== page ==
Skip to main content
Open this photo in gallery:

Convoy supporters arrive at Parliament Hill to protest against Covid-19 vaccine mandates on Jan. 29.LARS HAGBERG/AFP/Getty Images

An inquiry studying Prime Minister Justin Trudeau’s unprecedented use of the Emergencies Act began holding hearings on Thursday, as his critics continue to question whether the government met the legal threshold to trigger the sweeping legislation in response to a series of pandemic-fuelled anti-government protests.

The long-awaited hearings are a key part of the inquiry, which is known as the Public Order Emergency Commission. Mr. Trudeau, his senior ministers, top-ranking civil servants and intelligence-agency officials are among the 65 witnesses expected to testify in Ottawa over the next six weeks.

The hearings began with an opening statement from the inquiry’s commissioner, Paul Rouleau. The commission’s counsel will then present overview reports, to establish the baseline facts that will provide context for the witness testimony.

Trudeau government invoked Emergencies Act despite ‘potential for a breakthrough’ with convoy protesters, documents show

Opinion: Cabinet has lots of explanations, but no answers, for why it invoked the Emergencies Act

The Emergencies Act grants Ottawa extraordinary temporary powers to deal with crises, but it requires the government to strike a commission of inquiry whenever the legislation is invoked. The inquiry’s final report, with findings and recommendations, must be submitted to the government by Feb. 6, 2023.

In Pickering, Ont., on Wednesday, the Prime Minister said the commission’s purpose is to ensure “proper accountability and proper oversight after the fact.” Mr. Trudeau said he offered to testify so that “Canadians could understand exactly why we had to do what we did,” and “why it was necessary to restore order to Canada.”

The Emergencies Act was passed in 1988, but the government invoked it for the first time on Feb. 14 of this year, two weeks into a protest in Ottawa against pandemic restrictions and mandates. The demonstration filled the downtown area with parked cars and trucks, bringing the city centre to a halt. Other groups of protesters had staged blockades of Canada’s border crossings, including the ones at Windsor, Ont., and Coutts, Alta.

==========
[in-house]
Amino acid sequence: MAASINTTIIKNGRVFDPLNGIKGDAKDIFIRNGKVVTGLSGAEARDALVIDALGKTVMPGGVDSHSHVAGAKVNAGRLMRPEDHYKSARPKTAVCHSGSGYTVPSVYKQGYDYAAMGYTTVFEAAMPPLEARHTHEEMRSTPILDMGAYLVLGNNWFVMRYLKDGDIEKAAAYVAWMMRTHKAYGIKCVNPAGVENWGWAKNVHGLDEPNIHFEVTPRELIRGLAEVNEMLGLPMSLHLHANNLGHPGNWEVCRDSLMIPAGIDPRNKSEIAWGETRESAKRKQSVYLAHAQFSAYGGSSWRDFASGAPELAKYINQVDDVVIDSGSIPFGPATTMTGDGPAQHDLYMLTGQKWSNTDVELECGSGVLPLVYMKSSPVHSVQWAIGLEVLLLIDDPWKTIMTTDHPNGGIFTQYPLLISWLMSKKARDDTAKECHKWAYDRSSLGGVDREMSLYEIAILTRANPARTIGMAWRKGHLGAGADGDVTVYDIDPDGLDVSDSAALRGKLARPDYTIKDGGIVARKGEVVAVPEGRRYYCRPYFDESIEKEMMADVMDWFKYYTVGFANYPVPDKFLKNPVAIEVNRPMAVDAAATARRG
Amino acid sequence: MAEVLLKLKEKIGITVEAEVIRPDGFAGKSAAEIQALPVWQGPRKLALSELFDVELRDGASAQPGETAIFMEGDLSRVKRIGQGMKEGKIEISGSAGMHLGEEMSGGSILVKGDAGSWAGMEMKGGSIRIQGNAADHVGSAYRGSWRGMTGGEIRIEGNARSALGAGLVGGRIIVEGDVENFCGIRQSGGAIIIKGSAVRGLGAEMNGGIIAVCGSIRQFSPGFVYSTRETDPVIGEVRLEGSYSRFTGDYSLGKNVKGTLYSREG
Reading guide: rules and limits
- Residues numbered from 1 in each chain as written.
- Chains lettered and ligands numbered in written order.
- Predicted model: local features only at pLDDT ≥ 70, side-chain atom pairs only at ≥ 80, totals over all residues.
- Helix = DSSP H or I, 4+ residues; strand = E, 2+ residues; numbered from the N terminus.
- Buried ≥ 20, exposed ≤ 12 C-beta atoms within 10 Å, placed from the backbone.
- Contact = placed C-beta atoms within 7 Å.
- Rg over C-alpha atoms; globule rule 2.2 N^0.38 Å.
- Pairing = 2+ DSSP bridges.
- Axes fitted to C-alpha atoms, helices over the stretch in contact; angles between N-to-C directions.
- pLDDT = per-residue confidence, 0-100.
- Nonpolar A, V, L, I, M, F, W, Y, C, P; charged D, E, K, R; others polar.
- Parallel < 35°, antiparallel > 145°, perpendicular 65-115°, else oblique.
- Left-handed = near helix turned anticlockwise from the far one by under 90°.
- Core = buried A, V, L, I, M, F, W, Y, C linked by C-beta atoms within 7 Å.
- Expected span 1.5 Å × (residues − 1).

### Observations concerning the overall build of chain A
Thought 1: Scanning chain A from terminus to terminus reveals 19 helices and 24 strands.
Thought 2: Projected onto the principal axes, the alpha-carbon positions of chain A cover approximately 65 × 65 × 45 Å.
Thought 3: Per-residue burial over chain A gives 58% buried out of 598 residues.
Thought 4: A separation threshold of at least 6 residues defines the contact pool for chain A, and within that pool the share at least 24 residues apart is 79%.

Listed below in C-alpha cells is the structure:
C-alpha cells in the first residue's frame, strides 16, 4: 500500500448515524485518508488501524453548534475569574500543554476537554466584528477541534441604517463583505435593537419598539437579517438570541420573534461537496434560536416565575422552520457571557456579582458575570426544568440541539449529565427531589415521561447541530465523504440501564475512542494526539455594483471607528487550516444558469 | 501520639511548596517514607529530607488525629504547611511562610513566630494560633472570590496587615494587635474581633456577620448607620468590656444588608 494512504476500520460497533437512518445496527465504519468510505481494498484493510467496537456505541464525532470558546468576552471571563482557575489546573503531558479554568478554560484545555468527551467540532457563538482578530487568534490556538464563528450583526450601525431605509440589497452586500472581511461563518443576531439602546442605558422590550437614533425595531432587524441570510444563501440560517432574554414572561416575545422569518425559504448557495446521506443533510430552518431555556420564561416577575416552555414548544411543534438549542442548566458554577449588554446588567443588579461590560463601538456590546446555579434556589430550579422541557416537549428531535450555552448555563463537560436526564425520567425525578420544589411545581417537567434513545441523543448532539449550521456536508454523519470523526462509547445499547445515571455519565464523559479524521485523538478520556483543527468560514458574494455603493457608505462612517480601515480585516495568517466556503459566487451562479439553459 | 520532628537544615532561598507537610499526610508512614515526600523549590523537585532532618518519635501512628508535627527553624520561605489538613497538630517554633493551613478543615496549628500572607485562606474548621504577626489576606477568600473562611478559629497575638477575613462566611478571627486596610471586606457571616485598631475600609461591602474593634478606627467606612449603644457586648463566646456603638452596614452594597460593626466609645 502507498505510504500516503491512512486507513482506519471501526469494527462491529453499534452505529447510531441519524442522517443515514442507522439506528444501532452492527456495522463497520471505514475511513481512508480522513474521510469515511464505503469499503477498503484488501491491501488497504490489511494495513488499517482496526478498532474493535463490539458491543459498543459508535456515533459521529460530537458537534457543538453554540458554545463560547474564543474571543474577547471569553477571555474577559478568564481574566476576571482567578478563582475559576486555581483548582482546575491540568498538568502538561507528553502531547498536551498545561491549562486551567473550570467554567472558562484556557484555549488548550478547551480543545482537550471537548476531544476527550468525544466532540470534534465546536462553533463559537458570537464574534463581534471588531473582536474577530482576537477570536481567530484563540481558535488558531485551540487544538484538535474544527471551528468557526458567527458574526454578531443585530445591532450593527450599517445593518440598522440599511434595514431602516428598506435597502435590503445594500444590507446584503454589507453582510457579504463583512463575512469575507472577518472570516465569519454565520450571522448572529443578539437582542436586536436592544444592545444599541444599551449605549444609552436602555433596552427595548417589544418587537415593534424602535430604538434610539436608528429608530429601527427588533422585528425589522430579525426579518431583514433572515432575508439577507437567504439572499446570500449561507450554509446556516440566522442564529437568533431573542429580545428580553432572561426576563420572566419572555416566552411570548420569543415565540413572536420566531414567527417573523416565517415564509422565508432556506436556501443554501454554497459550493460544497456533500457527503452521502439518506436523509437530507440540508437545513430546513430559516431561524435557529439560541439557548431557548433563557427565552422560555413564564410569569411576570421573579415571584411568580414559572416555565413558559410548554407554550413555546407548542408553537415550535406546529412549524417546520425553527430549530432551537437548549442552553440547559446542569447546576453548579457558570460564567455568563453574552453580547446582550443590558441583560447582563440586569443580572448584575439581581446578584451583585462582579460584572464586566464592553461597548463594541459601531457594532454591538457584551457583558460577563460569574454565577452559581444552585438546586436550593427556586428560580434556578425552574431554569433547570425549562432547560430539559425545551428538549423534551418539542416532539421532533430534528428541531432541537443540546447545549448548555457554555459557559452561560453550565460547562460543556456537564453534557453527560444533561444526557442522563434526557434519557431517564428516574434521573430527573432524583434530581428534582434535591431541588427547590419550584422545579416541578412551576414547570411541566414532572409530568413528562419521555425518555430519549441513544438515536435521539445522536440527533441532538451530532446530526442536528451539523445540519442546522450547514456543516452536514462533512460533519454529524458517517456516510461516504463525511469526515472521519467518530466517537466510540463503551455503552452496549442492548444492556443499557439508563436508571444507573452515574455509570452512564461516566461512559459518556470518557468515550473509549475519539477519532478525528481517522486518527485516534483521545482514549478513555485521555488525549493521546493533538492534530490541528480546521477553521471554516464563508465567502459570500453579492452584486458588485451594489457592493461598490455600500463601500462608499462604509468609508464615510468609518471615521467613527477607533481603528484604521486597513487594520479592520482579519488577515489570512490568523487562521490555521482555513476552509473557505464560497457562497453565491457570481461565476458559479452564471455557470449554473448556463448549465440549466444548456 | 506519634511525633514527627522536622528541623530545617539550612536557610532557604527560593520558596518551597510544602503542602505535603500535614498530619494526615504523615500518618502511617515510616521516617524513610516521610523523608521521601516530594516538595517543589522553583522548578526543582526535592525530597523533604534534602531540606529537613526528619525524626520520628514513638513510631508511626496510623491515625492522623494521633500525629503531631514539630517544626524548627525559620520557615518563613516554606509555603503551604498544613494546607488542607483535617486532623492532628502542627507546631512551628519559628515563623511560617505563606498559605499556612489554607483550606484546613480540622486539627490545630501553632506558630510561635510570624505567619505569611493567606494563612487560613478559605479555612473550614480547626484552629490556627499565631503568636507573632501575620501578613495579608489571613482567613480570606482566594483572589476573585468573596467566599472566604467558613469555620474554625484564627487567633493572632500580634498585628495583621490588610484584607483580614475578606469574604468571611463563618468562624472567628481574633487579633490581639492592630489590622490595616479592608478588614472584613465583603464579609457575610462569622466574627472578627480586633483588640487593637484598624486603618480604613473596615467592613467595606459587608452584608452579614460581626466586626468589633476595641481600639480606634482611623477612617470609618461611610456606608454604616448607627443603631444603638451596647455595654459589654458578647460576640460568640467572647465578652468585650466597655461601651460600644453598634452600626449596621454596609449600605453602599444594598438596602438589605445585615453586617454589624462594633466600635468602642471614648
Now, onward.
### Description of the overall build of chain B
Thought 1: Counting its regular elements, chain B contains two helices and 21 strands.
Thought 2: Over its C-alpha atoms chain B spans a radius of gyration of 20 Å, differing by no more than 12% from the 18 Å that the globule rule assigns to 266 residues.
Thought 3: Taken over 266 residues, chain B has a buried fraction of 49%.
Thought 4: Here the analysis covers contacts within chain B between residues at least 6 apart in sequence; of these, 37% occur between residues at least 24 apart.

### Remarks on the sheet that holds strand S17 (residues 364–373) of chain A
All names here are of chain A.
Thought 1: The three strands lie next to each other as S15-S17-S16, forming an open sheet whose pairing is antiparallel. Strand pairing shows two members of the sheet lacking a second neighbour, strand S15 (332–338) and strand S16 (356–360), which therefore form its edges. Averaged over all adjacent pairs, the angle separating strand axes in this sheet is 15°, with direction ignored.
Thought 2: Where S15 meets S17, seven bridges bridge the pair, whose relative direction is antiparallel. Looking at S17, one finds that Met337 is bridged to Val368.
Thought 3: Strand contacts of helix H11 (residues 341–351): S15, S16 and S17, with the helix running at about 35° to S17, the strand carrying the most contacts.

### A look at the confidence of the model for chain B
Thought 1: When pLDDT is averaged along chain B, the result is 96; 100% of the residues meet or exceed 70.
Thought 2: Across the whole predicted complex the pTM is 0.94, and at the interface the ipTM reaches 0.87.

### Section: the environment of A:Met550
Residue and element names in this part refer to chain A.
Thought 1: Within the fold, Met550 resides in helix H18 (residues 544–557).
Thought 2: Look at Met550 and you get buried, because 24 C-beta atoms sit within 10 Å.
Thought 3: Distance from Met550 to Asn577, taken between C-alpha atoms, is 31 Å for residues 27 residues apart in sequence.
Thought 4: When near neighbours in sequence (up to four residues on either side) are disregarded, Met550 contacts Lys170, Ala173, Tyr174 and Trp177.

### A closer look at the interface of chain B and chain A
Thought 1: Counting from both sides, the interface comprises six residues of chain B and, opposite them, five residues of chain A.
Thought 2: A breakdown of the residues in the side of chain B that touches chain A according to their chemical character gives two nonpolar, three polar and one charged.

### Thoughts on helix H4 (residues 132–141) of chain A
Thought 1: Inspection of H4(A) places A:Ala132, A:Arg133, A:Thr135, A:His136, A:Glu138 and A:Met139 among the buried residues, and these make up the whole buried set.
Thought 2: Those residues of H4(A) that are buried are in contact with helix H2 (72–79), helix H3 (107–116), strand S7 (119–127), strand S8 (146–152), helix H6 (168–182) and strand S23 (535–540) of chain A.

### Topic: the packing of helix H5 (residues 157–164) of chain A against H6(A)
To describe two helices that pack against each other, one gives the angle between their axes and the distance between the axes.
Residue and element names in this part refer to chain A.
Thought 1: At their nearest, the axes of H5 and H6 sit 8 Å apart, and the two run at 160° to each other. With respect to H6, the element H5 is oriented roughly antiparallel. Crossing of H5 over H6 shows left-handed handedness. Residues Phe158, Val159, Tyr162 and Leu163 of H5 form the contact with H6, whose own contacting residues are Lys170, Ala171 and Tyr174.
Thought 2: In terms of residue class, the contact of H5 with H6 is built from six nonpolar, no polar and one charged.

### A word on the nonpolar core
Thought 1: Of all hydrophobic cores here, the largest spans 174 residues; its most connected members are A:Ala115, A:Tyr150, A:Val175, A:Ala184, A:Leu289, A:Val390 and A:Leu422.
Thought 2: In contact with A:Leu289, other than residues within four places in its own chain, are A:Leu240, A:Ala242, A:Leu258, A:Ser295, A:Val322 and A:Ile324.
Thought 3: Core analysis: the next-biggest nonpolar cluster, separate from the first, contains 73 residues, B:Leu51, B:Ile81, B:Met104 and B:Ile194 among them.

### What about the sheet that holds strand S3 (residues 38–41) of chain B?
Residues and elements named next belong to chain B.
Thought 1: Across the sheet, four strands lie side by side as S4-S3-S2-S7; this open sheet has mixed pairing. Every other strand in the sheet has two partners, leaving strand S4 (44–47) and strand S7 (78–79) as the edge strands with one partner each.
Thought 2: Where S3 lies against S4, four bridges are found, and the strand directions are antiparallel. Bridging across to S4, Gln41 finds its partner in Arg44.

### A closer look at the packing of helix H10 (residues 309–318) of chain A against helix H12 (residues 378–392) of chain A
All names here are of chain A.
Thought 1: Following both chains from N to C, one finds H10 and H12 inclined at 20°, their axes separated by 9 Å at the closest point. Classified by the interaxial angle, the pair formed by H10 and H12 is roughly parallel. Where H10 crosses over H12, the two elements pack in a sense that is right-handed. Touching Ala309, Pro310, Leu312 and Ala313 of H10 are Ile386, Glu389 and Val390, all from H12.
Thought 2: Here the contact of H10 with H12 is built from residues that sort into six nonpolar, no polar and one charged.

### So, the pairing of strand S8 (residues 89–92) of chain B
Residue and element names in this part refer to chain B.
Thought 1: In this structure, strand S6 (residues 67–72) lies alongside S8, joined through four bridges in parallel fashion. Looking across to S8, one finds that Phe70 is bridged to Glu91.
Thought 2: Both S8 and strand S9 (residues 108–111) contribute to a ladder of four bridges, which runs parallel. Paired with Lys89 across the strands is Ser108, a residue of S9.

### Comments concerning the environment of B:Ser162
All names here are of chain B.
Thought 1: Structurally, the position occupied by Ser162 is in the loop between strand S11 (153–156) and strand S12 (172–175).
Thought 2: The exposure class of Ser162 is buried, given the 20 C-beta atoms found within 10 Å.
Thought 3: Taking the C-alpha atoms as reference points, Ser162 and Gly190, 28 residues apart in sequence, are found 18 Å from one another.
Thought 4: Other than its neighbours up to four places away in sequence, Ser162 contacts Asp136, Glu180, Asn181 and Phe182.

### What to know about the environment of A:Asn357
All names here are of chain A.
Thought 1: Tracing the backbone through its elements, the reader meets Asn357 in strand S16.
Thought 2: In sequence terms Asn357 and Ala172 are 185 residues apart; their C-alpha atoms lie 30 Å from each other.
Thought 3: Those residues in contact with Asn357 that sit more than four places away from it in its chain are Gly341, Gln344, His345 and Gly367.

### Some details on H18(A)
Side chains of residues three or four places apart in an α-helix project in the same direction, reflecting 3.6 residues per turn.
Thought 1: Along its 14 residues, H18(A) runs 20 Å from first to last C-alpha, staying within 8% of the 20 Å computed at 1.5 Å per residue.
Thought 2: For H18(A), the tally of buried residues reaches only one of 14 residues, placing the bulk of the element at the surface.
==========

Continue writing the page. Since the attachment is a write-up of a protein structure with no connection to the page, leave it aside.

The act’s use was supported by all Liberal and NDP MPs. Conservative and Bloc Québécois MPs opposed the declaration of the emergency.

The decision was quickly questioned by opposition critics and legal and security experts, but Justice Minister David Lametti defended the choice, and said the government had met the legal requirements to invoke the Emergencies Act. According to the act, a public order emergency can be declared when threats to the security of Canada are so serious that they constitute a national crisis that cannot be dealt with under any other existing law.

Open this photo in gallery:

Prime Minister Justin Trudeau poses for photos with patrons and staff during a tour of a supermarket in Pickering, Ont., on Oct. 12, The Prime Minister said the commission’s purpose is to ensure 'proper accountability and proper oversight after the fact.'Frank Gunn/The Canadian Press

The Bloc Québécois said in a statement Wednesday that the government was unable to justify its use of the emergency declaration at Parliamentary committees that preceded the commission.

The government used the temporary powers granted to it by the Emergencies Act to crack down on the protesters in various ways. It prohibited some public assemblies. It also strengthened the power of police to impose fines and imprison people, compelled tow-truck companies to help clear blockades, allowed banks to freeze the personal and corporate accounts of individual protesters without court orders and subjected crowdfunding companies to anti-money-laundering and terrorist financing rules.